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Khartoum International Airport gets state-of-the-art bird control system

Written by editor

Khartoum International Airport (KRT), long struggling with the challenges of bird control, has broken ranks with past procurement practice.

Khartoum International Airport (KRT), long struggling with the challenges of bird control, has broken ranks with past procurement practice. According to information received, the airport was given the first ever contract awarded to a foreign company.

The Bird Control Group from The Netherlands was chosen to provide a bird control technology not available in the Sudan, using laser beams to chase the birds away before aircraft land or take off.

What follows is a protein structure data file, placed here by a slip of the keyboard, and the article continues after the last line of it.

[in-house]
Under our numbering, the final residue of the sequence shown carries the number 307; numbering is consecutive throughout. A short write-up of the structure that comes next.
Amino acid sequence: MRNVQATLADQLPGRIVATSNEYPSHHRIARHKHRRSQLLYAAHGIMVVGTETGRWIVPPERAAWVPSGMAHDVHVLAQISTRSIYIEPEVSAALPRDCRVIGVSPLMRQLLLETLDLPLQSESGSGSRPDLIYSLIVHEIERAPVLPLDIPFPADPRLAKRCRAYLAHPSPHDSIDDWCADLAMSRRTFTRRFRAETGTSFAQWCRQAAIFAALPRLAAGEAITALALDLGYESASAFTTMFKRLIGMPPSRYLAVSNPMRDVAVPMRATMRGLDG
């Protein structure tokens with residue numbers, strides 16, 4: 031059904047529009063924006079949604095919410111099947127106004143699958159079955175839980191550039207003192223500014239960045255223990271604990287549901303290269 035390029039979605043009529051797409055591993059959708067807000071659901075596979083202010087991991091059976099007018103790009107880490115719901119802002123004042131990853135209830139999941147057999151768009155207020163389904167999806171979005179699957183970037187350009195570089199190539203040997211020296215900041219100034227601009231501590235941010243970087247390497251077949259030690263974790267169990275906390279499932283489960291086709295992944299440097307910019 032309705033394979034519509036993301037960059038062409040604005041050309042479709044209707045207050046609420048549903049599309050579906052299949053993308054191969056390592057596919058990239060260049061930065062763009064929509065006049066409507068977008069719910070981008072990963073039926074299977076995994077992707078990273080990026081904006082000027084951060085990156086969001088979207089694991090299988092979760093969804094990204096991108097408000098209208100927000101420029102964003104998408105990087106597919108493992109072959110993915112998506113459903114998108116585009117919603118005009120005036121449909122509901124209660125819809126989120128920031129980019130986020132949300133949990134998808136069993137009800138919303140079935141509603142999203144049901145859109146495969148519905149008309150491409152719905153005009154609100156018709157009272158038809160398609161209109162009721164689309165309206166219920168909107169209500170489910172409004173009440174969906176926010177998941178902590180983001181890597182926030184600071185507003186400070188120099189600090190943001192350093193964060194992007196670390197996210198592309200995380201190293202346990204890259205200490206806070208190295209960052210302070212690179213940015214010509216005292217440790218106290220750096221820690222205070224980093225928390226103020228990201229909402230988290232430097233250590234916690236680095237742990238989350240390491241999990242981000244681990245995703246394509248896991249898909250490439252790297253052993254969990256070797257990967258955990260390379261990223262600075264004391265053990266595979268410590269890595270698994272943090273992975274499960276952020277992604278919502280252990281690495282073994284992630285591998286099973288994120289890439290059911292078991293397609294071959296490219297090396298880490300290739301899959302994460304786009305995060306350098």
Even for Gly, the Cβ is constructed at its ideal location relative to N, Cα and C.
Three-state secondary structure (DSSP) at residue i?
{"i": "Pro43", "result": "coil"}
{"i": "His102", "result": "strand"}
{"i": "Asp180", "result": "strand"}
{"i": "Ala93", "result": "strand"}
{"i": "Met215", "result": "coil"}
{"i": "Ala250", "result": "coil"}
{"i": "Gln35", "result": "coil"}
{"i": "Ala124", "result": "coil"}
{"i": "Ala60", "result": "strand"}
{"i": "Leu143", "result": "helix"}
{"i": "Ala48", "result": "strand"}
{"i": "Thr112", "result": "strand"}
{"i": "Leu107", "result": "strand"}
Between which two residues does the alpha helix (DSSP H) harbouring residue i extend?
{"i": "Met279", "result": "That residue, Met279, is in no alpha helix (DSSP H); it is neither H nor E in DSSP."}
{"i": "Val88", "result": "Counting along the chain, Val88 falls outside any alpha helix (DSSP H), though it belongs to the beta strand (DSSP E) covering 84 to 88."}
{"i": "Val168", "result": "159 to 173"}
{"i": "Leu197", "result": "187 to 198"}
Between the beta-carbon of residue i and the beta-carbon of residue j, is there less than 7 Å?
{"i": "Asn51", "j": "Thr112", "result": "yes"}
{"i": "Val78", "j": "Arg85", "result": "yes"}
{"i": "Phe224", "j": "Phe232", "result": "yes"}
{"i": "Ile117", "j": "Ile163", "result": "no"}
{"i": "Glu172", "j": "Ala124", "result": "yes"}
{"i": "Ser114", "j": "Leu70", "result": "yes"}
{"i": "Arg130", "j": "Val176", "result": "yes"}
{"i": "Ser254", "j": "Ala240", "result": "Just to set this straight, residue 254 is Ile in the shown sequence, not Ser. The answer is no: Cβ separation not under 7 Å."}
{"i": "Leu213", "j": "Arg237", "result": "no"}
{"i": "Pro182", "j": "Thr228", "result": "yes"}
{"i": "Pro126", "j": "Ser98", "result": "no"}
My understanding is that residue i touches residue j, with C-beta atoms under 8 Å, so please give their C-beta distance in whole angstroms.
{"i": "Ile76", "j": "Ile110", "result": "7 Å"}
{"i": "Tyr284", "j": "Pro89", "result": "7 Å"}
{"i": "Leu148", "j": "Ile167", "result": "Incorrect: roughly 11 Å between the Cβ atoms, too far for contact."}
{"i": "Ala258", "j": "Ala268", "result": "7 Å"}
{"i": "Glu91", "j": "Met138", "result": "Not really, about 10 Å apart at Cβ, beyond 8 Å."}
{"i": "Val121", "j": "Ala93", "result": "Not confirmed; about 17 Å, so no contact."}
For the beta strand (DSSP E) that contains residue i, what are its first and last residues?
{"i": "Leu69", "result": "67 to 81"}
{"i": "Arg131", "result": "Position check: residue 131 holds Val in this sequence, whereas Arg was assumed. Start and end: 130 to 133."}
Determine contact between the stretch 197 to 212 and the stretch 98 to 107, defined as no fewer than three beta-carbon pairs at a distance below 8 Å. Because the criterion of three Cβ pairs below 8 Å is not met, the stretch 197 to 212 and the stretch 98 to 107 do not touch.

This also makes Khartoum the first airport in Africa to use this state-of-the-art method, pioneering the spread of new technology into the continent, no doubt when the first assessments are becoming available and are shared at upcoming airport conferences discussing bird hazards.

Airlines operating in and out of KRT have in the past often voiced their concerns and demanded action to avoid costly bird strikes damaging engines and subsequently causing long delays for passengers until replacement aircraft arrive or else the engines are changed. Especially at dusk and dawn, the risks are reportedly at the highest level, and the new equipment – the company has provided extensive training for the airport staff tasked with controling birds – has already made a significant difference, according to the source of the information.

The Sudan is the Bird Control Group’s 70th country of operation and the first to use the new technology.